Apple‘s iTunes App Store’s policies for rejecting and accepting applications have always been mysterious and arbitrary: the only sure thing seems to be that Apple doesn’t care for applications that replace some of the iPhone’s core functionality, whether that be an email program, a Web browser, or calling features. Apple has also famously disallowed applications that merely provide access to potentially-objectionable content over the Internet—even when that content is readily available to the built-in Safari browser. Now Apple seems to be adding a new element of guesswork to whether an app will be allowed for sale: reports have Apple removing apps with “overtly sexual” content.
Some industry watchers speculate the move is intended to sanitize the upper echelons of the top-selling applications list, removing prurient and potentially offensive entries from highly trafficked lists. In a letter to one application developer who’s app was removed from the App Store, Apple reportedly said it had received numerous complaints about the app and its content.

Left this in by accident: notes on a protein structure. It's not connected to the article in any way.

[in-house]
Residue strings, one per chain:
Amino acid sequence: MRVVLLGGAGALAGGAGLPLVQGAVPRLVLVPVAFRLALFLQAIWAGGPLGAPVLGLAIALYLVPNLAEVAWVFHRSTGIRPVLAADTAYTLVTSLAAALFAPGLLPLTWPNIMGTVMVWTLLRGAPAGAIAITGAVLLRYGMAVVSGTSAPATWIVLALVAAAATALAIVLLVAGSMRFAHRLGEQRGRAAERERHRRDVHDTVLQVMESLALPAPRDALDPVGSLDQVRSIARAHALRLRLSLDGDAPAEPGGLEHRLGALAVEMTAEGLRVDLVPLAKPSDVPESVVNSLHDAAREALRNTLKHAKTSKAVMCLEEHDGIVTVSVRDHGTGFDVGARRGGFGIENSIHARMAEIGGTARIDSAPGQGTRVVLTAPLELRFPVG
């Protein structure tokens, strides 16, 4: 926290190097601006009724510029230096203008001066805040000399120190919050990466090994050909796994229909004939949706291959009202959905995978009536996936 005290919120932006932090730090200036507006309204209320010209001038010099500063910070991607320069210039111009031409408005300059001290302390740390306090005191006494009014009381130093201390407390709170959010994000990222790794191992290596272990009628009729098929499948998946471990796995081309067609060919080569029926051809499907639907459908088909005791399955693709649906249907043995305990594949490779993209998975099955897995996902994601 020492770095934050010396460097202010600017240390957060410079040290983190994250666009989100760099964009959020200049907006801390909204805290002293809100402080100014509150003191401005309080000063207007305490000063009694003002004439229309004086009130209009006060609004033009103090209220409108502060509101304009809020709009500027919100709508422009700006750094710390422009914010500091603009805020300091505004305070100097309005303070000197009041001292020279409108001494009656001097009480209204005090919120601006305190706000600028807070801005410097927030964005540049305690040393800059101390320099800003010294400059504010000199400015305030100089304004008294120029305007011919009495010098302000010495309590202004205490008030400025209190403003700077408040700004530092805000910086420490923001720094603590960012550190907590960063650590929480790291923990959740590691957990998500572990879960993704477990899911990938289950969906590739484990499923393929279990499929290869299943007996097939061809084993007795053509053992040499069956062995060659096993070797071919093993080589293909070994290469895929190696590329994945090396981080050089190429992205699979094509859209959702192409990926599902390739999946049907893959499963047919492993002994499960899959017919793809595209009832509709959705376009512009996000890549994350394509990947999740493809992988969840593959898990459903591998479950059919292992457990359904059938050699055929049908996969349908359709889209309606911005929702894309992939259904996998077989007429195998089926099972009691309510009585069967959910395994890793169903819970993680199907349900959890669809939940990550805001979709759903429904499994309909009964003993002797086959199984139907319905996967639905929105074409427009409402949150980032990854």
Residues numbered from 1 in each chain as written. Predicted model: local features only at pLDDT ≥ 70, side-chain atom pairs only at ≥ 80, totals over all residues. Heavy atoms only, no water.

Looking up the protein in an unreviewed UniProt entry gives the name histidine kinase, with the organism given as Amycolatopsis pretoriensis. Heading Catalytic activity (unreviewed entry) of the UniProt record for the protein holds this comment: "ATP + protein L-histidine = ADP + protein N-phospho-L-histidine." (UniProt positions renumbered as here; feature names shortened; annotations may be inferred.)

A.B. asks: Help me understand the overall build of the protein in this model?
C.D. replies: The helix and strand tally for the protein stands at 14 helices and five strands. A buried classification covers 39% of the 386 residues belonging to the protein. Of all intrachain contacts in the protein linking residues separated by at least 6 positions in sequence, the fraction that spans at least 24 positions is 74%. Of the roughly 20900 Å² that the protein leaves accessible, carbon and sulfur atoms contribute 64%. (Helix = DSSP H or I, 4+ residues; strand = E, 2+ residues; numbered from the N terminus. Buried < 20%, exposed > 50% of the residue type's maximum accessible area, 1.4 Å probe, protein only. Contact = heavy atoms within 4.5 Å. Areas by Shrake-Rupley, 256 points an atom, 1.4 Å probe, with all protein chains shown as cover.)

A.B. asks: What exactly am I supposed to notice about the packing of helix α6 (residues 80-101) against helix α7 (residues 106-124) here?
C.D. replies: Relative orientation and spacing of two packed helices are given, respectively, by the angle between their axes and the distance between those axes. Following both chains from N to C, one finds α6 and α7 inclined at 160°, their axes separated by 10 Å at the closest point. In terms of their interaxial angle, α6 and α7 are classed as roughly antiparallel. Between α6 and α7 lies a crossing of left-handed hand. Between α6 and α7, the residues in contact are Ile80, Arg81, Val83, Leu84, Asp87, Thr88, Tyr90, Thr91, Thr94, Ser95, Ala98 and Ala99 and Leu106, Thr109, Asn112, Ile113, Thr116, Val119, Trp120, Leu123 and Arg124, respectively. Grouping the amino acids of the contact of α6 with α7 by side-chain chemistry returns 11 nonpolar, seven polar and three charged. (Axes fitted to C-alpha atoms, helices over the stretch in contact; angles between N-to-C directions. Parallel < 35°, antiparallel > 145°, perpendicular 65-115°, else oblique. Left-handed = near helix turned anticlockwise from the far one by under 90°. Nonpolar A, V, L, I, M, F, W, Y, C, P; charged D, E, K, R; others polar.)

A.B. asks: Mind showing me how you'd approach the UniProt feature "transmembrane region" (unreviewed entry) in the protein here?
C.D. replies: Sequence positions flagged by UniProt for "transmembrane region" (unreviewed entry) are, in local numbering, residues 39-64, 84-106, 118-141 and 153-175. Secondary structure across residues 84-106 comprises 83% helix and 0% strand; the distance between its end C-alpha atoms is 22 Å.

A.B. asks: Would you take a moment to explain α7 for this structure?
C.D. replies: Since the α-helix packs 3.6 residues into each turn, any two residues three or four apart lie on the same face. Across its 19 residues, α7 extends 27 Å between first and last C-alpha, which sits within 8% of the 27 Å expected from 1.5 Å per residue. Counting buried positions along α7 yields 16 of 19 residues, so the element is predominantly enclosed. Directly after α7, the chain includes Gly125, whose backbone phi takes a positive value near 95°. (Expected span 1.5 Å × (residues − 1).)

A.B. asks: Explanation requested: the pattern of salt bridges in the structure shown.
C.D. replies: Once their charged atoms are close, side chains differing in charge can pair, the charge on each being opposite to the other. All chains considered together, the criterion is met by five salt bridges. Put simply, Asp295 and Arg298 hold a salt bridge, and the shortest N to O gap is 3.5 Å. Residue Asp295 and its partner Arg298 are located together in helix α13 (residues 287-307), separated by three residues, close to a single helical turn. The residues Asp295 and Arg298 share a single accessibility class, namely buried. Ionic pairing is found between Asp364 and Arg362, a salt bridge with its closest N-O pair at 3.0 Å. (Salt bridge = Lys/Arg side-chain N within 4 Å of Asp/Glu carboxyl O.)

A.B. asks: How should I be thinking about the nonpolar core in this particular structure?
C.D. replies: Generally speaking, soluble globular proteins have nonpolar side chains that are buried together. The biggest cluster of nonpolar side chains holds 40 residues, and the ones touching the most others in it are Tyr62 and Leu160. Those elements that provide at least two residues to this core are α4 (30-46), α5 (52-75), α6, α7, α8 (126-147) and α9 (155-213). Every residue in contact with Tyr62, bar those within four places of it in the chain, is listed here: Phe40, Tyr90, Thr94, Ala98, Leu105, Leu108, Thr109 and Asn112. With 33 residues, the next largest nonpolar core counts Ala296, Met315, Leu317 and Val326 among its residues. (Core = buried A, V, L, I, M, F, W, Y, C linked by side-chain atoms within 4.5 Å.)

The App Store does support age ratings for applications, enabling developers and publishers to specify applications as being suitable for customers 17 or more years of age. iTunes users can use filters to prevent minors from seeing and purchasing those applications.
Adult-oriented iPhone applications have historically proven rather popular, with several having appeared regularly on top-selling iPhone applications lists.
As usual, Apple has not published its requirements for accepting applications for the App Store; publicly, the company has only said that it frequently re-evaluates its in-house definitions of what is appropriate for the App Store.
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